When a driver for Rochelle Transportation arrived at Mama Dip’s restaurant to pick up three Orange Correctional work-release inmates on June 23, one of them, Dennis Wade, was nowhere to be found. Wade disappeared in the time between his shift ending and the arrival of the van that would take him back to the prison camp. Joe Council, who worked with Wade in the kitchen that night, looked for him for several minutes before determining that the inmate had walked off into the Chapel Hill night. The van driver returned to the minimum-security facility in Hillsborough without Wade, who, four months before his release date, became a fugitive.

Wade was one of several inmates who earlier this summer told the Independent about challenges that Orange Correctional prisoners face when looking for affordable ways to get back and forth to their jobs (see “Orange Correctional inmates getting taken for a ride,” July 12, at www.indyweek.com/gyrobase/Content?oid=oid%3A34062). Wade said Rochelle Transportation charged high rates that prevented him and others from saving money to prepare for release; prison officials say George Rochelle is still providing the service–at the same prices.

Wade’s escape prompted prison officials to pull all inmates from their jobs at Mama Dip’s restaurant.

Mildred Council, the matron of the eponymous soul food eatery, lost two breakfast cooks that morning. She considered closing the restaurant. “I think they done me wrong,” Council says. “They took two people away who didn’t do anything.”

“It takes nine months to really train a breakfast cook,” she added. “They crippled me for days and my kitchen is still not right yet.”

The incident underscores another potential, if obvious, shortcoming in the work-release program aside from the cost of transportation: oversight.

Prison officials trust private citizens to look after inmates. Most often, the arrangement works fine. But every once in a while, someone slips through the cracks.

Wade’s time on the lam was short-lived. He turned himself in to Carrboro police the same night he fled. Since he was a work-release inmate and hadn’t been free a full 24 hours, his punishment was handled within the prison system rather than through the courts: Four months were tacked onto his sentence and he was shipped off to a close-security prison in Caledonia, where he now serves his time in disciplinary segregation.

Council, who served on Orange Correctional Center’s Community Resource Council for about 20 years, has employed inmates without any problems since last fall. Wade started working in January. When prison officials approached Council as a potential employer for the work-release program, she agreed because, she says, she’s concerned about the plight of black men.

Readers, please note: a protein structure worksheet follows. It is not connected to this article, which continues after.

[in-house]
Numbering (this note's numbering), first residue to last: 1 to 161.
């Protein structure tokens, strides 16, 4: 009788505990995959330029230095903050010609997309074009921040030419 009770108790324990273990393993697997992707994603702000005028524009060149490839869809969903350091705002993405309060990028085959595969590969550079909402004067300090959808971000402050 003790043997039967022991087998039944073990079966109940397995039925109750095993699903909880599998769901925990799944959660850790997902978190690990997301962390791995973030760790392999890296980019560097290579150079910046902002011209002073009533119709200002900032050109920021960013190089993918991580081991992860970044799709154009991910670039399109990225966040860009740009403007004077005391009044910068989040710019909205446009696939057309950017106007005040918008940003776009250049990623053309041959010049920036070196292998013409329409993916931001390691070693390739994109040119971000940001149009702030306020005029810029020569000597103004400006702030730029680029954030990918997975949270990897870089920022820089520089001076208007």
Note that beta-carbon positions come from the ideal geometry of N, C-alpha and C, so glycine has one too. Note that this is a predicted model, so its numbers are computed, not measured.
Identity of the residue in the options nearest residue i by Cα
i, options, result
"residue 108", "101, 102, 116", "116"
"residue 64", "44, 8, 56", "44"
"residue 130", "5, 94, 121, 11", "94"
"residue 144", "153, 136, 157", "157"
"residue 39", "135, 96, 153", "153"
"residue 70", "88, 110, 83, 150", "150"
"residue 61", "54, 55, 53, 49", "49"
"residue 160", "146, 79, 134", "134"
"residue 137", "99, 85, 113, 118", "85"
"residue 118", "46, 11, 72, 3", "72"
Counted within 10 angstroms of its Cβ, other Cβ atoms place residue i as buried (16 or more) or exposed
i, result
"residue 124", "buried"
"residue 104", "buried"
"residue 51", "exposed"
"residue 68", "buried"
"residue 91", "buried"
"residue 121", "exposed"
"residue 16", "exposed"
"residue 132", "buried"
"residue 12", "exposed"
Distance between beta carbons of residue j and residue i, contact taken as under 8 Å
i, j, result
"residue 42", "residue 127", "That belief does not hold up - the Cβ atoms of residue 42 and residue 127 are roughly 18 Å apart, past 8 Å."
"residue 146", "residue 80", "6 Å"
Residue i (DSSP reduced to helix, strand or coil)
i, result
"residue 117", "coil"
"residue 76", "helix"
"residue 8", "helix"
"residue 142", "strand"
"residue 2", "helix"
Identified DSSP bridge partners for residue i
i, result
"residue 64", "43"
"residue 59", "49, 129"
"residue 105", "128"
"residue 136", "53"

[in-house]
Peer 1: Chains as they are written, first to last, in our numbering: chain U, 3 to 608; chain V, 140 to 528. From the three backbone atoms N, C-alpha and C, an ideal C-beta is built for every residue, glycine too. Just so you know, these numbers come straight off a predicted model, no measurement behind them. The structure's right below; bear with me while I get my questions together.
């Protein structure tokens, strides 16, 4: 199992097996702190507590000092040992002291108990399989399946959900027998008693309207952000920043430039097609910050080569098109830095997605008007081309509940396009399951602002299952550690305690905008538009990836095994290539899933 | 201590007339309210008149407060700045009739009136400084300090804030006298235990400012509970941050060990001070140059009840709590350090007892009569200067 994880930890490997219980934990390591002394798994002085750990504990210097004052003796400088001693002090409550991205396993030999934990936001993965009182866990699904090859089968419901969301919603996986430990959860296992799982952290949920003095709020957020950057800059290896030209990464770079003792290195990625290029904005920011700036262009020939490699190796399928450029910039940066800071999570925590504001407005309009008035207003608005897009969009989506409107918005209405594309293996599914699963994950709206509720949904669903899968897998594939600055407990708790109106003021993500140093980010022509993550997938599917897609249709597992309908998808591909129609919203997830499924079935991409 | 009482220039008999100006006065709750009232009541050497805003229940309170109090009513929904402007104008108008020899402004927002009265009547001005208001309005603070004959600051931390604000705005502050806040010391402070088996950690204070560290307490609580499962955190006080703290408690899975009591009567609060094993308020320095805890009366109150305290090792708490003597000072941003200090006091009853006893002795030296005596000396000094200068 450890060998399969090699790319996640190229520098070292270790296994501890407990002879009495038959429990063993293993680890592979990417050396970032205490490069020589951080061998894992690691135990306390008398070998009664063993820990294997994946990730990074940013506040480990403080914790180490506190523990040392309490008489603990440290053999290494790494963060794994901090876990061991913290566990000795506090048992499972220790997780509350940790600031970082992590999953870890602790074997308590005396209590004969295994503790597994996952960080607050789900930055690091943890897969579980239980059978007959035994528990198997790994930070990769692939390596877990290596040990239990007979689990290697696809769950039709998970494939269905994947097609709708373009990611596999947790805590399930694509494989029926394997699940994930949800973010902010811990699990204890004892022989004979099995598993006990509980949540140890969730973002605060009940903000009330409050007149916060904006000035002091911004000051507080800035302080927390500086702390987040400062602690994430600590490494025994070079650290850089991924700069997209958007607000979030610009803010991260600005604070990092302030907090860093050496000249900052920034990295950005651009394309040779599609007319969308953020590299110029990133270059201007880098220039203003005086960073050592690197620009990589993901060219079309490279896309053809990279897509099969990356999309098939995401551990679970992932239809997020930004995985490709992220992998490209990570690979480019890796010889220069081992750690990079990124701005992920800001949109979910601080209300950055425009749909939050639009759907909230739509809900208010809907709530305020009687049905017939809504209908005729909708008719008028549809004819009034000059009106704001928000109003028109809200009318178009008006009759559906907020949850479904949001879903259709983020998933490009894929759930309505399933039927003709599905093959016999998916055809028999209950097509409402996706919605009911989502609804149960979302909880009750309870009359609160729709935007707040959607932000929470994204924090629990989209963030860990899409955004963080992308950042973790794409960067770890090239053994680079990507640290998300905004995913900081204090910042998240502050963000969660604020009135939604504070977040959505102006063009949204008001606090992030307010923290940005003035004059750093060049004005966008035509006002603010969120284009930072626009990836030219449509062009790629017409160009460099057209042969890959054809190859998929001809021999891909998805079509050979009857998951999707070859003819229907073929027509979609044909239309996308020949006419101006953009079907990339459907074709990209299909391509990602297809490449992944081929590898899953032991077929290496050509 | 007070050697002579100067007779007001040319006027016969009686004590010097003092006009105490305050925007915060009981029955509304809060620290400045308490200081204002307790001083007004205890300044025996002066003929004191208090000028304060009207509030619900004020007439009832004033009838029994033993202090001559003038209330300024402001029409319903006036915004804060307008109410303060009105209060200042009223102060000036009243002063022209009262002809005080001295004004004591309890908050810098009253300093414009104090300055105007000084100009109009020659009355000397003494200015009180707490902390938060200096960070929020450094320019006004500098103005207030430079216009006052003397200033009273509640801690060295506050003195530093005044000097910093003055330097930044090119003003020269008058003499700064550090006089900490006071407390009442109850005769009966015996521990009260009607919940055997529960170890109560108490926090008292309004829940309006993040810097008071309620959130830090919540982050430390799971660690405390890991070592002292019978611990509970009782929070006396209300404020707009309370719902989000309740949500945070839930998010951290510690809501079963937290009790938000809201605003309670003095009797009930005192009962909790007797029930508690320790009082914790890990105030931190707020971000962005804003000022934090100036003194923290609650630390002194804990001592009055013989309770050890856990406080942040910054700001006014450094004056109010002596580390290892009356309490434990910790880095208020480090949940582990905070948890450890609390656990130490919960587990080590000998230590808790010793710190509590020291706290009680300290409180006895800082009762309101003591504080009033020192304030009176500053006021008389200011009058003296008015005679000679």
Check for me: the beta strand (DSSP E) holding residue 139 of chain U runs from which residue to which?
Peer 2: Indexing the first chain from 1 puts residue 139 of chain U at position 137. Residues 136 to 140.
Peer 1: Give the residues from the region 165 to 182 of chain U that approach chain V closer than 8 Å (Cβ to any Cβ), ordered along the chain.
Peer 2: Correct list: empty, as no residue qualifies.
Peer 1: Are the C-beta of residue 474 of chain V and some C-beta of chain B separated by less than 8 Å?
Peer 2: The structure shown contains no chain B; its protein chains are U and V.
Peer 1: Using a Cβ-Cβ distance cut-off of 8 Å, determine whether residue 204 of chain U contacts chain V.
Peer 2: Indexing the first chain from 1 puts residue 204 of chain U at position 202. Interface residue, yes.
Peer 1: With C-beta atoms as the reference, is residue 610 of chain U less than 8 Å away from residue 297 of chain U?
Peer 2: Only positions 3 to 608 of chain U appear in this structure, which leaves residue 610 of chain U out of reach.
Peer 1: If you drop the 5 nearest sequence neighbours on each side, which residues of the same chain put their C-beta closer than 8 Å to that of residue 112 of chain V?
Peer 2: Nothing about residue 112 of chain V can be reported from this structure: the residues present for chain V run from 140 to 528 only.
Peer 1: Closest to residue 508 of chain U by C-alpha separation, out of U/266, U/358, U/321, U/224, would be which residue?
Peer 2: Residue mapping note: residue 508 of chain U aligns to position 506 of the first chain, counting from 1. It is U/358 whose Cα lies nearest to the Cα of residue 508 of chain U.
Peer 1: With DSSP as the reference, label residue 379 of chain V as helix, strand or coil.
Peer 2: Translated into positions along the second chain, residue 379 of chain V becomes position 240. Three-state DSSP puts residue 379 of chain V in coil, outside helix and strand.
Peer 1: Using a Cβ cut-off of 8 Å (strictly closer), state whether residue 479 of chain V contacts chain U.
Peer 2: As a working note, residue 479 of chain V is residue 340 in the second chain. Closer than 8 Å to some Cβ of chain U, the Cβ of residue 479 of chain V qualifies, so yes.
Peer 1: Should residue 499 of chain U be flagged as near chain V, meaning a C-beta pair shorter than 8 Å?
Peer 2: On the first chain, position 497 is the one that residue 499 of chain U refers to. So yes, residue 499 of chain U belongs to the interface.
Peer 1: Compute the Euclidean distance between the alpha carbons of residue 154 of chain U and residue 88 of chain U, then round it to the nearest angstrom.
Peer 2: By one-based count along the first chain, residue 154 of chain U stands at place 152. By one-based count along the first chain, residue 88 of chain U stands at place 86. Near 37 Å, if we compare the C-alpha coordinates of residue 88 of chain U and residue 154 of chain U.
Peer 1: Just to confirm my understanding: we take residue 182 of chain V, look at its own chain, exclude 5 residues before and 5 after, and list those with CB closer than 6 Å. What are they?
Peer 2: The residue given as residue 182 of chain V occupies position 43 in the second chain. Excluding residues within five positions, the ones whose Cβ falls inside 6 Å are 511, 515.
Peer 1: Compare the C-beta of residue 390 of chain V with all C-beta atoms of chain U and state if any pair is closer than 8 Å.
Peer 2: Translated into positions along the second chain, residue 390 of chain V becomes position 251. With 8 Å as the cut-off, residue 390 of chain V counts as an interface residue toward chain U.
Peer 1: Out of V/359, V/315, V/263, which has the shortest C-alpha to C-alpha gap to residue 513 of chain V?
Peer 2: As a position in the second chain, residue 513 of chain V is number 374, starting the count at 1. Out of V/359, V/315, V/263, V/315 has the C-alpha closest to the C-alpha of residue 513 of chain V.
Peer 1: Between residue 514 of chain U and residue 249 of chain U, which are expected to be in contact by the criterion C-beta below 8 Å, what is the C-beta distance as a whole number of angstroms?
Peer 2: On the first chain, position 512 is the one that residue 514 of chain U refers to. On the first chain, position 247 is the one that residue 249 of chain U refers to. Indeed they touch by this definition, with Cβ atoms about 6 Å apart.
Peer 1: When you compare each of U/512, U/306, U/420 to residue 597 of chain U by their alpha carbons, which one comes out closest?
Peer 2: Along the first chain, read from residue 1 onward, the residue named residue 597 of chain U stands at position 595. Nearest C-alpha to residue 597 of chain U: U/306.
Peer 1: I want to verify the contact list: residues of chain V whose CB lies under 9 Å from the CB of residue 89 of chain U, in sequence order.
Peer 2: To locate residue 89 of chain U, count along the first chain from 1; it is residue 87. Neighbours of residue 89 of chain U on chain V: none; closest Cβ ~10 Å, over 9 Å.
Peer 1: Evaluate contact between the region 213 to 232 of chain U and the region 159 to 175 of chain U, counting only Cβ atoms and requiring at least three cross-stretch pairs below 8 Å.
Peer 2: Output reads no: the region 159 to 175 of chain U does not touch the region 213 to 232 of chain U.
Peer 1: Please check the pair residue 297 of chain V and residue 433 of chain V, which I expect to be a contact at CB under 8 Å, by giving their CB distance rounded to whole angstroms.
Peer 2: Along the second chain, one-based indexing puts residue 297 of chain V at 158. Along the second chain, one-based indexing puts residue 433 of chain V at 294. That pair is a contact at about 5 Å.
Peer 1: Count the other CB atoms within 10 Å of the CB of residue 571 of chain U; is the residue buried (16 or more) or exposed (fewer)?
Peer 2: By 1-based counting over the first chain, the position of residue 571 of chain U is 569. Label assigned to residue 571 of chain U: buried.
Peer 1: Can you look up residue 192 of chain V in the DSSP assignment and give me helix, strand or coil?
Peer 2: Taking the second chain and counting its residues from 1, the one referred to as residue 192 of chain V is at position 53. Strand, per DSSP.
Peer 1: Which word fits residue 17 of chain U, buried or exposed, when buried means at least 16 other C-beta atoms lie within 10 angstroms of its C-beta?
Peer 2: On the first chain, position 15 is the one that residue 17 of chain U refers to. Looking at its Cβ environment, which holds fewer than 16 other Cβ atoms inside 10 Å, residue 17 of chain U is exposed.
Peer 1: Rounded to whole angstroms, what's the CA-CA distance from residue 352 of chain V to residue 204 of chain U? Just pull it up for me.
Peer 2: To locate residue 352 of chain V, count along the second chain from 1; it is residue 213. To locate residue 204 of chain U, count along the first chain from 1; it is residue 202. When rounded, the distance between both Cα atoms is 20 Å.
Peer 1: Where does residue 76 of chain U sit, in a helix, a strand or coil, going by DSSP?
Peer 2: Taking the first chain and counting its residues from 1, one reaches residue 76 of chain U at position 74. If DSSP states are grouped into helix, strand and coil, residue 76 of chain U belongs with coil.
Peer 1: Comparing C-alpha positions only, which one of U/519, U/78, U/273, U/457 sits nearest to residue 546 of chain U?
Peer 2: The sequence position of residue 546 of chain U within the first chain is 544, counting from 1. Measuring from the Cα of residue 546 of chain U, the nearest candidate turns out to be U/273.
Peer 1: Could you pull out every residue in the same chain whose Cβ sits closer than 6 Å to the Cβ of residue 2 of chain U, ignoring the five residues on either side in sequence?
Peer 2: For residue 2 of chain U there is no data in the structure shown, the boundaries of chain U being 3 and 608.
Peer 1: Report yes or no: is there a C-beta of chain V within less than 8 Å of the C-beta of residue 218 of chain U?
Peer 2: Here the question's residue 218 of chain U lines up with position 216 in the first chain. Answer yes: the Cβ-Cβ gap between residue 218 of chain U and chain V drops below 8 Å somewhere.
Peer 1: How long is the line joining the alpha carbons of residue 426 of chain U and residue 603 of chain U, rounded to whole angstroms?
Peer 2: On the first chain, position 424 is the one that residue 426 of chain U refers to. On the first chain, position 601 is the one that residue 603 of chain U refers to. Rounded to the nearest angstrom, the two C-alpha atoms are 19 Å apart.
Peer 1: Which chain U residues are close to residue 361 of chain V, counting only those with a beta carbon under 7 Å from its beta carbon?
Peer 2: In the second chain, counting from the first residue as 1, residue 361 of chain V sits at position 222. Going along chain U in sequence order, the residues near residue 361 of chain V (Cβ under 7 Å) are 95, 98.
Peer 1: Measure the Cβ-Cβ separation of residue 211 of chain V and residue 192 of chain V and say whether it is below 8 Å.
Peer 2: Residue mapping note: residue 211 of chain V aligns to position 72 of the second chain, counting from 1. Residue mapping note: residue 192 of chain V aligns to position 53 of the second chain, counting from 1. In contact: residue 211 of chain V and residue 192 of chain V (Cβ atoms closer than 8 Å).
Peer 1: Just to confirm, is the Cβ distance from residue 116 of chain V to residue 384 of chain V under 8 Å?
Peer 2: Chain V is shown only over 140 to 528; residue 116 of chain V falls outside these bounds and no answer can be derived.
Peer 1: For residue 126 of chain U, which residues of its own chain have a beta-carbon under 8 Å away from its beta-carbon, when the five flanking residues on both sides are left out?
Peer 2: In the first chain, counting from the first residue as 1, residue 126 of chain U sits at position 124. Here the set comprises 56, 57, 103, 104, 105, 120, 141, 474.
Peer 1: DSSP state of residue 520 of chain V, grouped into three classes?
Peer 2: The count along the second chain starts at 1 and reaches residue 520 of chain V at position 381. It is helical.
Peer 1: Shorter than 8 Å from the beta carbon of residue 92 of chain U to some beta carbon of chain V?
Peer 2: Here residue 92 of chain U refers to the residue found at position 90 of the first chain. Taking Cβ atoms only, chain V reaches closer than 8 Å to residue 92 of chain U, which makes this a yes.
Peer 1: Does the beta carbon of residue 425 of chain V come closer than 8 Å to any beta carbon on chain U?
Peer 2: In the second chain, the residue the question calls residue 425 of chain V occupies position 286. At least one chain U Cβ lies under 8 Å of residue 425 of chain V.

Michael Thumm, the superintendent at Orange, describes Wade as a habitual felon who was far from a model inmate.

“I’ll bet you most minimum security prisons wouldn’t have given him a chance,” says Thumm, for whom Wade was the first escapee in four years. “I noted when I approved him for work release that he needed close supervision … I put Dennis at Mama Dip’s because I thought she would provide good supervision.

“We had trained some people to be supervisors, checked backgrounds, made sure they were of reasonable character and judgment,” he says. “The people who were trained were not there that evening.” Council and one of her family members were the two designated supervisors.

“[They] left a person who was not properly trained,” Thumm says. “He allowed an inmate to go on a break and forgot about him.”

The night’s events surprised Council, who left the restaurant early that evening. “It was the oddest thing to me,” she says. She says Wade normally mingled for a bit before going outside to meet the van. “They sit out there waiting a long time,” she added. “They were trustworthy as far as I was concerned.

“I felt it was unfair to say they were unsupervised,” Council says. “We’re always around them.”

Superintendent Thumm says he considered public safety above all else. “The guys that were there had to pay the price,” he says of the two other prisoners who couldn’t return to Mama Dip’s after Wade’s escape. “Life is like that sometimes.”